On-Point Planning

This week we’re back to estimating fabric yardage again, but now we’re looking at on-point quilts.  If you have not read my two April blogs dealing with estimating yardage for a horizontally set quilt, it would be a good idea to go back into the archives and read those first.  I’m glossing over some of the details of the process in this blog because I spent so much time on them in the two previous blogs.  In general, on-point quilts take a bit more material than horizontally set quilts, due to setting blocks, side triangles, and corner triangles.  If sashing and additional borders are included, the yardage increases again.  Personally, I love an on-point setting.  There’s just so much to work with.  And while estimating the fabric yardage goes through much of the same steps as a horizontal row quilt, there are two additional steps we have to deal with – the side triangles (also called the setting triangles), and the corner triangles.  Not only are both types of triangles different sizes, they are also cut differently.  I’ll show you how to work with these later on in the blog. 

Step One:  Analyze the Main Block

We need to determine what kind of block this is.  Is it a four-patch?  A nine-patch? 

By looking at the block’s graph on  EQ8, we know it’s four block units across and four block units down, so it’s a sixteen-patch (4 x 4= 16).  The block is also 10-inches finished.  We have to know how large to make each block unit, so let’s divide 10-inches by 4 units per side.  This give us 2 ½-inches.  Each block unit in our 10-inch block will need to finish at 2 ½-inches square.  We also can see that each block unit is a half-square triangle.  This is good, because despite how much more complicated this block appears when compared to the Birds in the Air Block we used in the other blog, it’s actually really easy to estimate the yardage.  Let’s get to it!

Step Two:  Make a list of all the different types of HSTs in the block

Four HSTs in blue and white

Four HSTs in purple and white

Four HSTs in yellow and white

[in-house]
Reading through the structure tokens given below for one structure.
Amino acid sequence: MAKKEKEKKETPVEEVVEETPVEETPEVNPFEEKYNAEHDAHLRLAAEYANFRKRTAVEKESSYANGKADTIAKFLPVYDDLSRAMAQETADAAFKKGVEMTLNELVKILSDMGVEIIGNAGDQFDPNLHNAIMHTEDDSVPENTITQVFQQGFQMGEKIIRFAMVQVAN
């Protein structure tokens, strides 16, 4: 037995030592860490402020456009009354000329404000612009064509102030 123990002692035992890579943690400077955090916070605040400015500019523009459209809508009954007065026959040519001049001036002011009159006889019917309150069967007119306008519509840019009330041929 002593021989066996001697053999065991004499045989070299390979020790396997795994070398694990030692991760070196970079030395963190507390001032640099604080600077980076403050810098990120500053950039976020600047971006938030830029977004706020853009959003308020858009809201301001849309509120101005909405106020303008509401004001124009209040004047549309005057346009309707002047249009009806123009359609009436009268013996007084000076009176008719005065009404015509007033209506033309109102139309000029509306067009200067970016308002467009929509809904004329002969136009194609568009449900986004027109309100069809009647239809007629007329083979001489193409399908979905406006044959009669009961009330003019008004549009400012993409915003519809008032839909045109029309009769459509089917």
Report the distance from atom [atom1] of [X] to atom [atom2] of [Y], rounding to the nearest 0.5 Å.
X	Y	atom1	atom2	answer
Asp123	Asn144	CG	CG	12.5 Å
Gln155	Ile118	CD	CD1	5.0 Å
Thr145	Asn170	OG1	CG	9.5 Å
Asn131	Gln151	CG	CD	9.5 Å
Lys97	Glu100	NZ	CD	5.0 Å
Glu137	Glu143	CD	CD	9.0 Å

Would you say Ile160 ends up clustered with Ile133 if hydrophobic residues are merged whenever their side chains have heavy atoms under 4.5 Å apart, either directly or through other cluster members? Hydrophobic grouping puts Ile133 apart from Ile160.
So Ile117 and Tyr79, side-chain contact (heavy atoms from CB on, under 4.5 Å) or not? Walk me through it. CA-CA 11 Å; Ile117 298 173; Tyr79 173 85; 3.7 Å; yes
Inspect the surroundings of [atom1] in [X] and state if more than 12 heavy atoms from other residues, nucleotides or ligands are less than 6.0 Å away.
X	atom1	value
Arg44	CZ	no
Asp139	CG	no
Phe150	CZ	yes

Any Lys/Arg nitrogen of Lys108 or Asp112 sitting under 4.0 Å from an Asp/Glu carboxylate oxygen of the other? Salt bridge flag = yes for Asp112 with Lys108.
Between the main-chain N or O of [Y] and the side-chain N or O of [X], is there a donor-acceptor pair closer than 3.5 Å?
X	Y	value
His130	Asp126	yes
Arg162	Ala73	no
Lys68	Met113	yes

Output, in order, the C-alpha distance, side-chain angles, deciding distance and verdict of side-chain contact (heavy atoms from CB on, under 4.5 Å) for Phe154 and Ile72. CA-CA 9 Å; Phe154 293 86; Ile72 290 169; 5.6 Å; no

Four HSTs in blue and purple

There are twelve 10-inch squares in the quilt, so we know that the amounts we figure for each HST will be multiplied by 12 to give us the total.

In order to preserve the bias, we will also use the Sew and Slice method to make the HST units.  This means we can get two HSTs per block unit cut from our strips. 

  1.  For the blue and white HSTs, we know they need to finish to 2 ½ inches.  In order to use the Sew and Slice method, we need to add 7/8-inch to 2 ½-inches.  This gives us 3.375 or 3 3/8-inches.  Couple of personal issues I deal with at this point.  First, I hate dealing in eighth-inch increments on a cutting mat.  The lines are small and at my age and eyesight, it’s super-easy to end up with a bunch of inaccurate cuts.  Second, I like to make my HSTs larger and cut them down.  So, I am rounding that 3 3/8 up to 3 ½-inches.  This will allow me to trim for accuracy and make the math much easier.  Since there are four blue and white HSTs per block and there are 12 of these blocks in the quilt, that means I have to make 48 blue and white HSTs for this quilt.  Working with 40-inches of usable fabric and cutting 3 ½-inch blocks, we divide 40 by 3 ½ and know we can get 11.42857  squares per 3 ½-inch strip.  Round that down to 11. We also know we can get two HSTs per 3 ½-inch square, so we can divide the 48 needed by 2.  We need to determine how much blue fabric we need for twenty-four 3 ½-inch squares.  To find this out, divide the 24 squares needed by the 11 squares we can get per strip.  This gives us 2.181818 – or three 3 ½-inch strips.  Multiply 3 ½ by 3 and then divide by 36 inches per yard to get the amount of blue fabric required – 3 ½ x 3 = 10 1/2      

               10.5/36 = .291667

or 1/3 yard of blue fabric.  Put that amount on your fabric chart.  I will also add 1/3 yard to the white fabric on my chart, since the other half of this HST is white.